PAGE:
Sandurot festival as mugna : exploring modernity and belonging through the civic festival

  • Lady Flor Niñal PARTOSA

Student thesis: PhD Thesis (Lingnan)


Focusing on the Sandurot Festival organized by the City of Dumaguete in the Philippines, my study explores the process of embodying local identity as site to actualize modernity. To highlight this collaborative, creative, and often contentious process, I put forward the concept of mugna (a Cebuano word which means to create) to examine how social actors (such as festival organizers, cultural workers, and artists) configure nodes of belonging to the time and space of the city by engaging with notions of tradition, authenticity, progress, and development. As Cultural Studies stresses the significance of radical contextuality, I examine in this project the problem-spaces of modernity and belonging to investigate how they constitute the conjuncture wherein the performance practice of the civic festival emerges as mugna. In this light, I adapt Diana Taylor’s performance paradigm to approach the festival as a scenario in interrogating how and why local identity is performed. With this approach, I historicize the festival by examining its situatedness within nation-building and city-making policies and institutional directions (discussed mainly in Chapters One and Two). I further probe its embodied practice by analyzing the repeated but reconfigured corporeal forms and exploring the involvement of social actors in the corporeal practices of festivity (examined closely in Chapters Three, Four, and Five).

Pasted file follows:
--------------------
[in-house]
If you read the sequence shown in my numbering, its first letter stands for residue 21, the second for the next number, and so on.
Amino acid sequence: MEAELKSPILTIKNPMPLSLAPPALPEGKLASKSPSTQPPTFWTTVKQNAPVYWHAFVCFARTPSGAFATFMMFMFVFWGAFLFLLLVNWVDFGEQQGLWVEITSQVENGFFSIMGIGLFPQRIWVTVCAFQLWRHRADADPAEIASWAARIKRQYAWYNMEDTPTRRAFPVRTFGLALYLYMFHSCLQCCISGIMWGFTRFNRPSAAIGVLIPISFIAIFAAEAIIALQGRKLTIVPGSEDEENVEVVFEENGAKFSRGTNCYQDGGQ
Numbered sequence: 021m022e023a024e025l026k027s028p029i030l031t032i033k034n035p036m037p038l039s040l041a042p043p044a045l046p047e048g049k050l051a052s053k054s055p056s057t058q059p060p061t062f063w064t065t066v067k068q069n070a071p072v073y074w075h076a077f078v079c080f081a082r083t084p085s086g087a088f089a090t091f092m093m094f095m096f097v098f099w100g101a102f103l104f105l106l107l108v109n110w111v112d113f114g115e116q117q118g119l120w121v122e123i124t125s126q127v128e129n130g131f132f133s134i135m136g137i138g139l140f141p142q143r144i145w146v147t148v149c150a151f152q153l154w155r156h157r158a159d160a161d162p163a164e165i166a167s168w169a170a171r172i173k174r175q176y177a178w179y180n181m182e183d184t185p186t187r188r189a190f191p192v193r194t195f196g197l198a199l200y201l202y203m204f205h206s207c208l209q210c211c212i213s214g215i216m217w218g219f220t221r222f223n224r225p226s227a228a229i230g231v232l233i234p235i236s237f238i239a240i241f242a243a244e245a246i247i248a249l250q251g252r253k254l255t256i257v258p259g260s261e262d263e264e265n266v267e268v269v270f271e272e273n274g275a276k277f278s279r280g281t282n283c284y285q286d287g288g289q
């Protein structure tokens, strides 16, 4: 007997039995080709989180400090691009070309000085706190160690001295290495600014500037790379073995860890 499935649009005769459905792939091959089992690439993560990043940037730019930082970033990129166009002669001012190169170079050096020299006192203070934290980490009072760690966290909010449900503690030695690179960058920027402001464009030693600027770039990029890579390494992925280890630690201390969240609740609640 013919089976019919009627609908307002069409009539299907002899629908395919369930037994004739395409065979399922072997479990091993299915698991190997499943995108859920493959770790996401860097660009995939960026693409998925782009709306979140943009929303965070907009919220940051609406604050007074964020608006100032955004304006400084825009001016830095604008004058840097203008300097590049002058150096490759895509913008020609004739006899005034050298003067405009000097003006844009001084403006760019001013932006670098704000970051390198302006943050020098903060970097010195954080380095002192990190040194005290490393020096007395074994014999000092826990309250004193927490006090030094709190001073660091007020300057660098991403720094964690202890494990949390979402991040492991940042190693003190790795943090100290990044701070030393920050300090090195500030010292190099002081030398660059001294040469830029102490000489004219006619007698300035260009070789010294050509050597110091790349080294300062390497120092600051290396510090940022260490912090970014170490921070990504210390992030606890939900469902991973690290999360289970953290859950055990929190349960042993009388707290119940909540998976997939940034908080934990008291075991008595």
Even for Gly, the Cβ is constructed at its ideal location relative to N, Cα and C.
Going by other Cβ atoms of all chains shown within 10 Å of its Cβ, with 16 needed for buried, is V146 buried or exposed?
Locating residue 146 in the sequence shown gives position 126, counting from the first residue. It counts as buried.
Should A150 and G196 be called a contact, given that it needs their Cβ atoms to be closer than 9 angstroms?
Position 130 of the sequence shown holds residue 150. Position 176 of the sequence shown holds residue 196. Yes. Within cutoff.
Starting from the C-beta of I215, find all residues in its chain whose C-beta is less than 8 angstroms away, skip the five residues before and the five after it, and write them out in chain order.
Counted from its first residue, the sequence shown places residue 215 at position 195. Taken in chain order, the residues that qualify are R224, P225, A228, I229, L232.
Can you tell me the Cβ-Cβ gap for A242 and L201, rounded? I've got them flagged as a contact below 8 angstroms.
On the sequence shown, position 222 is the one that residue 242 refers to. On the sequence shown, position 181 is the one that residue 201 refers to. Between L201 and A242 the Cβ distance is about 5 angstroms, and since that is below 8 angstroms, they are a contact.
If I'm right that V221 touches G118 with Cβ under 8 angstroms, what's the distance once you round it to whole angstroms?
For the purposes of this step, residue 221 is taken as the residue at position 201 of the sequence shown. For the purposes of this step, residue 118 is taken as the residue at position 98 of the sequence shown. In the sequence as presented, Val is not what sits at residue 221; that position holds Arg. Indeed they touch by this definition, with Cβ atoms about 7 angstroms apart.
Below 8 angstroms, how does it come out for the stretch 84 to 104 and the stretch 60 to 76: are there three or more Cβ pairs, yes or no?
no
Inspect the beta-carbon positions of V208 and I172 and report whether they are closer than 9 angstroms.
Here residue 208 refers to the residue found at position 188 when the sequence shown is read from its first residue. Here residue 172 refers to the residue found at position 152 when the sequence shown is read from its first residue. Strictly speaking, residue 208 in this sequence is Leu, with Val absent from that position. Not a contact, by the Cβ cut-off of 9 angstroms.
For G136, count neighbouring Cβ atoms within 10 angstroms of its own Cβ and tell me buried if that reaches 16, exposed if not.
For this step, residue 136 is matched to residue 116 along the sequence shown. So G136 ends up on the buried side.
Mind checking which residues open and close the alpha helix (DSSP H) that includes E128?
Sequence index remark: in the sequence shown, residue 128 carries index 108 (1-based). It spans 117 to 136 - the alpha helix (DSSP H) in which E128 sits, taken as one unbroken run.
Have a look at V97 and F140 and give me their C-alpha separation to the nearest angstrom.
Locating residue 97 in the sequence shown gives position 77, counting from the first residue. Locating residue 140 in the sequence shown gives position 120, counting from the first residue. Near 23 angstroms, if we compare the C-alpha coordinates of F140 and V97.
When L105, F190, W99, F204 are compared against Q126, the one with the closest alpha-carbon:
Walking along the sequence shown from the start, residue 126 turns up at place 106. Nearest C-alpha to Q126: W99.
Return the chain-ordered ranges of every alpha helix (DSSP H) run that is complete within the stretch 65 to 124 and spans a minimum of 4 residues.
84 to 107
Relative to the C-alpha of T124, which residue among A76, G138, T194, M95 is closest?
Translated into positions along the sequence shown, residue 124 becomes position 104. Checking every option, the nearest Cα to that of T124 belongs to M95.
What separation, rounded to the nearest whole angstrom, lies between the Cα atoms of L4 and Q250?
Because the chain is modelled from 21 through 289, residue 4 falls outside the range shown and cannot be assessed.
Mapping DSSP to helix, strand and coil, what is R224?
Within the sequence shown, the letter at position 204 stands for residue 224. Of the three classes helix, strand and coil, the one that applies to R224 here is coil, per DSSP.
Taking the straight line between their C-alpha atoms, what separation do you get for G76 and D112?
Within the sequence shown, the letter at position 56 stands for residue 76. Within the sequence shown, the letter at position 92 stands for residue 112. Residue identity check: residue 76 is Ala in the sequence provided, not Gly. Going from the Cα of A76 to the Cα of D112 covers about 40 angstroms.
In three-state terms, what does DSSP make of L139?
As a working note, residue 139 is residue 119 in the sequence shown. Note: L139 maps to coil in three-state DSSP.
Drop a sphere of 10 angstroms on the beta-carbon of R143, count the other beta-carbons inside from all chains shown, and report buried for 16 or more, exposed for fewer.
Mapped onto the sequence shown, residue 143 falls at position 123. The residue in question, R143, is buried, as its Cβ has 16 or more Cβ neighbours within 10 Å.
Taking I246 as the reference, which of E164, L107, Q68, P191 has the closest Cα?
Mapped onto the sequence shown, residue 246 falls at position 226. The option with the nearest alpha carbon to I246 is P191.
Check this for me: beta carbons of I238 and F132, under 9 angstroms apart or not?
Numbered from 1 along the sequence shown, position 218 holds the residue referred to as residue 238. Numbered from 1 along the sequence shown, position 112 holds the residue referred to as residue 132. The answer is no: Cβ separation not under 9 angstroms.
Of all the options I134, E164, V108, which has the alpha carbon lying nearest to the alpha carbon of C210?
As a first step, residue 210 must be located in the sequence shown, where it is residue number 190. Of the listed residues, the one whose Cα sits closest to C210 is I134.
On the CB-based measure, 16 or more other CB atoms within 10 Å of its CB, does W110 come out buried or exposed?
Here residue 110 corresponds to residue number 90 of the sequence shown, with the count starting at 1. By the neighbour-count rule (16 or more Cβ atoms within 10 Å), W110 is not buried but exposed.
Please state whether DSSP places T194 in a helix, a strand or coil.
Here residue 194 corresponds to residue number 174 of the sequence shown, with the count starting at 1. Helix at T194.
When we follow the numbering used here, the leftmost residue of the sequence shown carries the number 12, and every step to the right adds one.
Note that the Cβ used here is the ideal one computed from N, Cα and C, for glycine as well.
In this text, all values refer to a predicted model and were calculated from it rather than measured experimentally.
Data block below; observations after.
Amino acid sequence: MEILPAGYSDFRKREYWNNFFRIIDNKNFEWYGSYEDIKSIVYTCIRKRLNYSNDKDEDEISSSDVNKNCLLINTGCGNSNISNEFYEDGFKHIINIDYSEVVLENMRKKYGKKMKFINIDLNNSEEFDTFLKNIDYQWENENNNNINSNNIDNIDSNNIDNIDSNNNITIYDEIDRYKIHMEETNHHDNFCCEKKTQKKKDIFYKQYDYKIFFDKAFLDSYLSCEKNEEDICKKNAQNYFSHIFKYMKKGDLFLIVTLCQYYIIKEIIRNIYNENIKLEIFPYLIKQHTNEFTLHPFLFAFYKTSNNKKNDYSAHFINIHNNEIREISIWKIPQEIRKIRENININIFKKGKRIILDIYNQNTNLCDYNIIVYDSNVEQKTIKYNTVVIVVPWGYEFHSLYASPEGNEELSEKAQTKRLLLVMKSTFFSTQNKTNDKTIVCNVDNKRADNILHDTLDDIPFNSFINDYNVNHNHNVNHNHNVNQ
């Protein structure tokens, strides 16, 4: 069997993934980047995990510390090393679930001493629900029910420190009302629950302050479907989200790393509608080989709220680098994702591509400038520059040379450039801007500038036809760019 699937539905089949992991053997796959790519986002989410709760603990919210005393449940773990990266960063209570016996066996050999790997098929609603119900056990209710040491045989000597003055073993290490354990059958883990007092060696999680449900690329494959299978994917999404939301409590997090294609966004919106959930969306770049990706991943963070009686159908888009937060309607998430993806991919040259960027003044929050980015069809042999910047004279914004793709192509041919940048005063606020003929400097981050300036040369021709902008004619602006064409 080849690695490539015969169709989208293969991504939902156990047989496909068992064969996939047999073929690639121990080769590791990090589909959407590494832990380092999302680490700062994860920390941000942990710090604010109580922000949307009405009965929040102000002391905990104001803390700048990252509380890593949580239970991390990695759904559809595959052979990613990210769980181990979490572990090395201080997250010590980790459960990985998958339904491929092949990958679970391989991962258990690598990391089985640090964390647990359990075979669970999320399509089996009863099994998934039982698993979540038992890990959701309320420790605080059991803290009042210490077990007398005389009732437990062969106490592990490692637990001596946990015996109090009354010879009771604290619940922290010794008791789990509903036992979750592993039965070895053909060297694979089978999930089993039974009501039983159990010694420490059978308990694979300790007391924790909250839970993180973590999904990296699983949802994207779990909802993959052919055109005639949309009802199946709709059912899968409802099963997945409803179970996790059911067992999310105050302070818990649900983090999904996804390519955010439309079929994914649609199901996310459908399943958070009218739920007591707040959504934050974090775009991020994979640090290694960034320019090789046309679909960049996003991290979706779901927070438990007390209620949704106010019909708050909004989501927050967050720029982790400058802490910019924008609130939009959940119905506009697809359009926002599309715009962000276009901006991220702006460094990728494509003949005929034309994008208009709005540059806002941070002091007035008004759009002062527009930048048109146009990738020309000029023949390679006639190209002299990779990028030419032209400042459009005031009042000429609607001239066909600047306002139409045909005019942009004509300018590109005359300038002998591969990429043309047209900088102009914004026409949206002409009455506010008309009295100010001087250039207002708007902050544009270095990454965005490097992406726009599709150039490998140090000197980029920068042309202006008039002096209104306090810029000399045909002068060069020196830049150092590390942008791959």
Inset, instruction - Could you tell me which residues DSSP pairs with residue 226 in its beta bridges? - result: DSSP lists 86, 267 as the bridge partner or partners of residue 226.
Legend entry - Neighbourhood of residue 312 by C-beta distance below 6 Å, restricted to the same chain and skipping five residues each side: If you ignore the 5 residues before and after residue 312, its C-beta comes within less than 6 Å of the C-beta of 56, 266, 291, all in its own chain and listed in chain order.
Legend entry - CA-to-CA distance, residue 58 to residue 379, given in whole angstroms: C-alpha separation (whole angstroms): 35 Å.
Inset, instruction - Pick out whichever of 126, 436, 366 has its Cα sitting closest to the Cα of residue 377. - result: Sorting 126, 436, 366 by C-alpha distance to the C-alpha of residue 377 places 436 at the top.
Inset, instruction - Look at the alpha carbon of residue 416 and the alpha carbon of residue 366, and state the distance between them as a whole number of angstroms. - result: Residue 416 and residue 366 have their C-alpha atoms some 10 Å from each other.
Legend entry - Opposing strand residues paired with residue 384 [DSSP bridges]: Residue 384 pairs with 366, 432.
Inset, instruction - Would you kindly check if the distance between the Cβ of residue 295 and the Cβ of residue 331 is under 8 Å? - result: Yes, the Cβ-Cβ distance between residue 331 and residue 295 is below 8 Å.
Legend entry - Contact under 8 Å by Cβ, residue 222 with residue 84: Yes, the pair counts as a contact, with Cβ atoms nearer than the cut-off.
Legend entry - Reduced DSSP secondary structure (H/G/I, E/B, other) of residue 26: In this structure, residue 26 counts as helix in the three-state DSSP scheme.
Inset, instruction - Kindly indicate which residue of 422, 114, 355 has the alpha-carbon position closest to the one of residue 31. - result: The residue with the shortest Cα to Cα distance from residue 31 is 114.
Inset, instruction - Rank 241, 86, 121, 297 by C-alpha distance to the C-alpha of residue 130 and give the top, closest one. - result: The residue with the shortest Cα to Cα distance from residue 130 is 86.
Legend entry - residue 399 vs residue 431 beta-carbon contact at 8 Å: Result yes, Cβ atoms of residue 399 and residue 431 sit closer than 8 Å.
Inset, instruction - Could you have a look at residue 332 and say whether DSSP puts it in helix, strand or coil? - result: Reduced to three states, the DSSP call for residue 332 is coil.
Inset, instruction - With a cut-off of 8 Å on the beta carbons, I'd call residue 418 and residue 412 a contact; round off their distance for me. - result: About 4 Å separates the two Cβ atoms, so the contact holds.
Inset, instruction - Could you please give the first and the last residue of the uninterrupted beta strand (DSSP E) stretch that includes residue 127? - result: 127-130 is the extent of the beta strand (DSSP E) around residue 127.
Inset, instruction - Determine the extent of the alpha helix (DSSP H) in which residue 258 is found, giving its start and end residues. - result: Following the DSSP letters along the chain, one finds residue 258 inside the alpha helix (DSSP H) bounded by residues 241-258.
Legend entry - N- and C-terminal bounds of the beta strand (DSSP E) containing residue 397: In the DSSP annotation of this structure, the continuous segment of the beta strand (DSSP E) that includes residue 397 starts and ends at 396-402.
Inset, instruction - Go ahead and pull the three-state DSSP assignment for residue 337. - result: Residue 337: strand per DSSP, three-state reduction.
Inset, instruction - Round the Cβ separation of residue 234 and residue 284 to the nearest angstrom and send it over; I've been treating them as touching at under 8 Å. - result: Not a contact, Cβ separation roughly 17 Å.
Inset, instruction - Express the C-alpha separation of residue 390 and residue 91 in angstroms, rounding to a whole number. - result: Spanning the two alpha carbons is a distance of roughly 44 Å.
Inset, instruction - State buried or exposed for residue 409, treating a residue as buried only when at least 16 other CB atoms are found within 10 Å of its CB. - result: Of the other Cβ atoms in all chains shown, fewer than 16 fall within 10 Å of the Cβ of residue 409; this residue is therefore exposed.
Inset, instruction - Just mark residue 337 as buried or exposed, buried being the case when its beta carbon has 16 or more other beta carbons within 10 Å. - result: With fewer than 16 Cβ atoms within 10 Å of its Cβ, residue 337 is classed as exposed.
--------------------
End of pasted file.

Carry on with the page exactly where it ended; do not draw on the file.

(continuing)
Borrowing from the insights of performance studies and critical ethnography, I aim to show that through this process of mugna, the festival unfolds in a scenario of rediscovery where social actors playfully embody and reinvent the ‘folk’ and the past through networks of creative collaboration to transmit knowledge about Dumaguete. Thus, the festival as mugna, is produced by and produces attachment to the locality through various social actors’ embodiment of their ‘modern desire’ for the city life, in the process that invokes their local identity and associated civic claims to urban space. I conclude that the festival as mugna enhances our understanding on the configurations of modernity, with how social actors fulfill their individual and collective aspirations for the city and their practices of belonging in it, by determining how the city is remembered, lived, and aspired through the Sandurot Festival.
Date of Award8 Jan 2023
Original languageEnglish
Awarding Institution
  • Lingnan University
SupervisorChing Kiu Stephen CHAN (Supervisor) & Soo Ryon YOON (Supervisor)

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